Balanced bishops…

Today the second Bishop who happens to be a woman has been appointed to the role of Bishop of Hull. Here we examine the facts that suggest that if a gender balance on the house of bishops is desirable this is either going to require a massive recruitment drive for young female ordinands (at least women under 40) or continuing ‘positive discrimination’ for decades to come… unless there’s a further alternative? 

While the overall gender balance of candidates selected for training towards ordination since 2001 has remained constant at 46-49% female, the percentage of candidates selected under 30 who were women has also been much lower. This has varied between 16-27% and in the past three years has settled at 22% (2011,2012,2013). In hard figures this represents a five-year figure of just 105 out of a total 465 candidates selected under 30 years of age were women[1] A similar, but less extreme, disparity is seen in candidates aged 31-40, where just 34% (191 out of 569 candidates) have been women.

Given that the Church seems to be recognising God’s call on men and women in roughly equal measure it is an anomaly that many of these female vocations have been discerned and ordained much later. Additionally with the recent focus on senior appointments coming out of the Green Report (2014) and the Consecration and Ordination of Women Measure (2014) it remains to be seen what bearing these statistics might have on those appointments. There have been 738 men ordained under the age of 40 in the past five years compared with 296 women.

It could be argued that this is likely to have an effect on the number of eligible candidates for senior positions in the church. Although some clergy have been consecrated relatively quickly after ordination e.g. Rt Revd Dr Lee Rayfield Bishop of Swindon, ordained age 38, consecrated aged 50, the current Archbishop is not unusual in gathering 19 years of ordained experience prior to consecration to the Bishopric at Durham – aged 36-55). As a comparison Rowan Williams was ordained aged 27 and consecrated aged 42. Libby Lane as first woman to be consecrated was chosen from the 1993 intake of women deacons, and thus had 22 years prior ordained experience to consecration (age 27-49), although she may well have been considered earlier if the law had permitted it. Culture may well be changing with regards to perceived benefits of previous corporate/secular experience vs. longevity of service, but for anyone to be consecrated before the age of 55 and to have accumulated more than (what seems to be a convention of) 12-20 years of prior ordained experience, they will almost all have needed to have been selected for training whilst in their 20s/30s.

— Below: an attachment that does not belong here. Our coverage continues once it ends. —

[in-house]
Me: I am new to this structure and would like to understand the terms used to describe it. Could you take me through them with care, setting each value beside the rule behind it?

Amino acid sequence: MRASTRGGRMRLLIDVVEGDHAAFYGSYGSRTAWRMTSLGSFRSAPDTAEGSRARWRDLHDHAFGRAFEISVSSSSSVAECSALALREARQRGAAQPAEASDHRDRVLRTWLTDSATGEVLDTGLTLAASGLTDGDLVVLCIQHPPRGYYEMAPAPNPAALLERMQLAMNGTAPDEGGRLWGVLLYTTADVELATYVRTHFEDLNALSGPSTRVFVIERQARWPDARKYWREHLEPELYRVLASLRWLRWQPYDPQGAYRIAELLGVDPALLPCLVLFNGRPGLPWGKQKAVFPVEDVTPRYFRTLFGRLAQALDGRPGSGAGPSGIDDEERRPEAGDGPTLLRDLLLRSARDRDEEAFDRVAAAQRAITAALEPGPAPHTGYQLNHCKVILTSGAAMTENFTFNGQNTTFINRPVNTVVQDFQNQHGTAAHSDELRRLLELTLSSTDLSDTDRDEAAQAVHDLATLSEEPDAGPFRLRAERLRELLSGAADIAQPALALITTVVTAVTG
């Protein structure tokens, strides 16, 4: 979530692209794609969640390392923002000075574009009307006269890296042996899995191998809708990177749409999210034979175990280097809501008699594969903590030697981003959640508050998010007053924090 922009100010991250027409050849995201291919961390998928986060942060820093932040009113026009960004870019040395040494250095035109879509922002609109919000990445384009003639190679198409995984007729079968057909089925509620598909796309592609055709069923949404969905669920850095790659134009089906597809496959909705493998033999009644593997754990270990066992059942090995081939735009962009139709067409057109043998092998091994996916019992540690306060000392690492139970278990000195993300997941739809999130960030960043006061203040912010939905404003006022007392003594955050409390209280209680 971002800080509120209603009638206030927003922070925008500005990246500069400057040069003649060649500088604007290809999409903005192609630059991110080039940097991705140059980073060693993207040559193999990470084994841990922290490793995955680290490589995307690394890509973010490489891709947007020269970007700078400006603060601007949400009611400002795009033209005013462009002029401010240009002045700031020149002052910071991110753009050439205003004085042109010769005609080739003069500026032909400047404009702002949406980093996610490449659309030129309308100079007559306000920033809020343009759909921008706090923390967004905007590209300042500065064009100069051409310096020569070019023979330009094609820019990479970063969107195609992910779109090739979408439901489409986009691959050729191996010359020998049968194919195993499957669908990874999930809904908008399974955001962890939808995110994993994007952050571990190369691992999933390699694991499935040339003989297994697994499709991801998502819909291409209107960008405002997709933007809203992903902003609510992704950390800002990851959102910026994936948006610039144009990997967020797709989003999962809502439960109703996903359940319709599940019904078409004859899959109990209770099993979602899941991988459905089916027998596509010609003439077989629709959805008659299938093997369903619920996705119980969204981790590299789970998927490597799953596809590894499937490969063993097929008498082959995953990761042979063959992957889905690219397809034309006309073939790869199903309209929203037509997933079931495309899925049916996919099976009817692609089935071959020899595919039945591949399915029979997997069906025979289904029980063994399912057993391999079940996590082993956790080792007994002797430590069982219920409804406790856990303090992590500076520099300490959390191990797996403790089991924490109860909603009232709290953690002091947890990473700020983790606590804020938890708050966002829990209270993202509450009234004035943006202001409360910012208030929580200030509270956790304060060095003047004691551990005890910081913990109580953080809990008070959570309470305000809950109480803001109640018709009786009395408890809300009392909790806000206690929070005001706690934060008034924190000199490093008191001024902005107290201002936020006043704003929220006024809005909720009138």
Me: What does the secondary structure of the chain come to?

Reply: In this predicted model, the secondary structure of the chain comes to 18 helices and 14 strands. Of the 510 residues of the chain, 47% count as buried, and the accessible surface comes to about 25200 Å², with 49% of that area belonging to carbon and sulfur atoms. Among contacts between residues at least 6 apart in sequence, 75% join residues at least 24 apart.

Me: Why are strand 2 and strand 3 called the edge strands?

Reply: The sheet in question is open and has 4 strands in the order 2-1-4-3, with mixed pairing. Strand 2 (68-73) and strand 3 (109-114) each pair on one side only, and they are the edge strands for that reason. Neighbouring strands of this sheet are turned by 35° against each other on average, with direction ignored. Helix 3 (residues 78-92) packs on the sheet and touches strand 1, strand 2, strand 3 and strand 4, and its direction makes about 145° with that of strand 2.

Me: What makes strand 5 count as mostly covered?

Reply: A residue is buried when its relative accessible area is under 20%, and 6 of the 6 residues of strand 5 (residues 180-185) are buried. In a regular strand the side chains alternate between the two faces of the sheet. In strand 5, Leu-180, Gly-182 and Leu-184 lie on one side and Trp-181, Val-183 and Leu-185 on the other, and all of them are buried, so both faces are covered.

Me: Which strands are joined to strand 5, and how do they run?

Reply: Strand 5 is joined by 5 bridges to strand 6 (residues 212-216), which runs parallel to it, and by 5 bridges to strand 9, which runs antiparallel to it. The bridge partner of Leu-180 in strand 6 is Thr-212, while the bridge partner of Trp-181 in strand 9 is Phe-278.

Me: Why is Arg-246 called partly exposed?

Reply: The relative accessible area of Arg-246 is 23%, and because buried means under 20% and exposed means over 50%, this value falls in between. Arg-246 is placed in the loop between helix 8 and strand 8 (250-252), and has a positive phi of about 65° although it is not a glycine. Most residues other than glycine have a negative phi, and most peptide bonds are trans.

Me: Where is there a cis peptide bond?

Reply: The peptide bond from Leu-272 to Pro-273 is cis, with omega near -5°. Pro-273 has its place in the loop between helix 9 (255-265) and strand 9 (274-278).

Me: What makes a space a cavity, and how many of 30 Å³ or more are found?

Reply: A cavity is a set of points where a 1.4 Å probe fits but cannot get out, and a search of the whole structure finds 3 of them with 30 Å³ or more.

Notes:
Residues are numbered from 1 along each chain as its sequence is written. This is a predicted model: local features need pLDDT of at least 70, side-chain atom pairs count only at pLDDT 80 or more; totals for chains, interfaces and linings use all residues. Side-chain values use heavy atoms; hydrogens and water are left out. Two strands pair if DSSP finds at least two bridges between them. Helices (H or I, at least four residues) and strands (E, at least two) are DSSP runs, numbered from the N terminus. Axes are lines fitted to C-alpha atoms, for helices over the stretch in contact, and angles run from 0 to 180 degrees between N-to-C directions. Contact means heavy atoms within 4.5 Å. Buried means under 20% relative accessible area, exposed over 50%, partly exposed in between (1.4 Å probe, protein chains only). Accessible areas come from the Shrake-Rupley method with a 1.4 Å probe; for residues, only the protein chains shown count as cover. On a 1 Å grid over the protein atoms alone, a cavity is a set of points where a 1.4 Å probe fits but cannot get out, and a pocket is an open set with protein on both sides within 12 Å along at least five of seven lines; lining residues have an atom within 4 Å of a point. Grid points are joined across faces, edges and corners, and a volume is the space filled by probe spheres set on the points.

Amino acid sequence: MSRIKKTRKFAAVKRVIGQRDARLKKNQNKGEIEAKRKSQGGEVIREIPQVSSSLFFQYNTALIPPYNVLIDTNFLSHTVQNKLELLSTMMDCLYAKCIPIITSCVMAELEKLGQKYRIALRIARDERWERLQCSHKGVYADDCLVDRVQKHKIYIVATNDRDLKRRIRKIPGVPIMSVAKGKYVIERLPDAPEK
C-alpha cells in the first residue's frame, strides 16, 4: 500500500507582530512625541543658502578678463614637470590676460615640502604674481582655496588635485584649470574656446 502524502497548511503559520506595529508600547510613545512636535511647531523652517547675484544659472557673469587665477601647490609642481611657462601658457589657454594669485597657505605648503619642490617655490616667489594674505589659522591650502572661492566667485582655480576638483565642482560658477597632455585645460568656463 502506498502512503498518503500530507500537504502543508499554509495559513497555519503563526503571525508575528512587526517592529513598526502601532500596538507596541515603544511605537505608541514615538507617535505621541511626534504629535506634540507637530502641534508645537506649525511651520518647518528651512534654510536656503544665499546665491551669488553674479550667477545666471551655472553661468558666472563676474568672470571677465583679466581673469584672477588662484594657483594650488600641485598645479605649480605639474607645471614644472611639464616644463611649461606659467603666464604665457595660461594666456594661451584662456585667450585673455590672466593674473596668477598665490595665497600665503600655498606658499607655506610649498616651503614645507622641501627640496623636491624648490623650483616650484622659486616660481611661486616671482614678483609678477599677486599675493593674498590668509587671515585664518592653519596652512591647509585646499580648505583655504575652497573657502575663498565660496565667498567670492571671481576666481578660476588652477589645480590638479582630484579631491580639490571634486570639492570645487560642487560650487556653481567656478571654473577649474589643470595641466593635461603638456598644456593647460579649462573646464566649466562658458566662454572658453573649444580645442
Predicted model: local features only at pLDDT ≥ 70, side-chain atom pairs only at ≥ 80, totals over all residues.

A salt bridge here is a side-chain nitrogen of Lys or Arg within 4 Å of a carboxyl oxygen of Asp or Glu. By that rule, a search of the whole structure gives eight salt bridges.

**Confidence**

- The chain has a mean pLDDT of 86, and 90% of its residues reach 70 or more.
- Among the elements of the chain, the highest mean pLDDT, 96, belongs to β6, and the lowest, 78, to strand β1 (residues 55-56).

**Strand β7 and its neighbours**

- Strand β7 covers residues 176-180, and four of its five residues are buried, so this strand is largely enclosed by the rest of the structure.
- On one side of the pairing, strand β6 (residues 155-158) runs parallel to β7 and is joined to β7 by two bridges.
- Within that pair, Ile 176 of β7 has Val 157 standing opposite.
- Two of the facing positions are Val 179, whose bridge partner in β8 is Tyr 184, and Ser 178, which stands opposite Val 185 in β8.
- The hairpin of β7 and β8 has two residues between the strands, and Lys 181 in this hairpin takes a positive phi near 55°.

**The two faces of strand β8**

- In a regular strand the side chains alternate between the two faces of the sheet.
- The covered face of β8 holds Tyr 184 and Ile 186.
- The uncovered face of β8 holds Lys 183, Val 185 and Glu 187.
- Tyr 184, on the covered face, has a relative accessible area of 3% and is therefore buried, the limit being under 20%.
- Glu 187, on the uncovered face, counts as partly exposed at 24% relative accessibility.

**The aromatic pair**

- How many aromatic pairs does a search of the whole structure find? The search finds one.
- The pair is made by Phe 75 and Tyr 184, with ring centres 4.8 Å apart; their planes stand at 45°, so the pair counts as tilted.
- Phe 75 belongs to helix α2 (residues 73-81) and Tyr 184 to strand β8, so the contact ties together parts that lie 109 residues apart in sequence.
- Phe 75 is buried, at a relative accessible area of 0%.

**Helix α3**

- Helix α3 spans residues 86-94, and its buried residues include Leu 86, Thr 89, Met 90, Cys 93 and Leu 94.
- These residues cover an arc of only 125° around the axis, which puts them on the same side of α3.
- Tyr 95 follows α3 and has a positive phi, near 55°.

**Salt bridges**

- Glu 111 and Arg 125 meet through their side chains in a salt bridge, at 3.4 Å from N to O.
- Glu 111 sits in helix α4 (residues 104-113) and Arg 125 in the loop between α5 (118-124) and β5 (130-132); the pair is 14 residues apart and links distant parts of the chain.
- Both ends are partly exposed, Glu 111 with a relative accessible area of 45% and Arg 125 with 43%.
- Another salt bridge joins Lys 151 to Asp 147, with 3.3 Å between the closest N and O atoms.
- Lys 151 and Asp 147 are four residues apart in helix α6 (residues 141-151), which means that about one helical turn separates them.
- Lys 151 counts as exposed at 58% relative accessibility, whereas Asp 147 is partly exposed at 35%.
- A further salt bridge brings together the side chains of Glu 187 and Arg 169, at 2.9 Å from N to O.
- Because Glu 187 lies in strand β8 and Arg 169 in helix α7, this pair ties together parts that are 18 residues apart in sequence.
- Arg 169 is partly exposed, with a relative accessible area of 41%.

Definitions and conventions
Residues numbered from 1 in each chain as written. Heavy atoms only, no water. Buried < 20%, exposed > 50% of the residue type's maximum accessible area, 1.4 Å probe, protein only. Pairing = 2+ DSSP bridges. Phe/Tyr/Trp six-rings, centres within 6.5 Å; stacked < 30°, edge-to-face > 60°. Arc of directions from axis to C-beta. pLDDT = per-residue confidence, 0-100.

Although we may be yet to see the Libby Lane and Ali White ripple effect, the projected future is not getting more balanced. The current recruitment drive aimed at young candidates has been statistically successful. (Between the years 2010/2011 and 2013/2014 the percentage of younger candidates has increased year on from 18% to 24%), but in that same timeframe the number of female candidates under 30 has remaining at just 22%.

If we posited that an equal proportion of the male and female candidates who had sufficient ordained experience to be consecrated would be eligible candidates then this data would suggest that, ceteris paribus, the proportion of new Bishops in 15-20 years time would reflect the gender disparity reflected in those currently selected for ordination at an early age. It may even be exacerbated if continuing factors like propensity to take part-time / sector appointments were included and assuming that these proved more attractive to female priests than male.

Unless the gender imbalance at this early stage can be altered this only changes if:

1) a deliberate form of ‘positive discrimination’ was employed to try and achieve more gender balance,

2) the female candidates are on average better than the men

3) older female candidates were fast tracked into Bishop roles –  building on their experiences in their first careers – or indeed their parenting. How could we be better at valuing these vital pre-ordination roles (or even post-ordination ‘detours’)?

In a later post I’ll explore the reasons why women tend to offer themselves for ministry much later than men… love to hear your views if you have any 🙂

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[1] See appendix ‘Statistics by Gender 2013’

[2]

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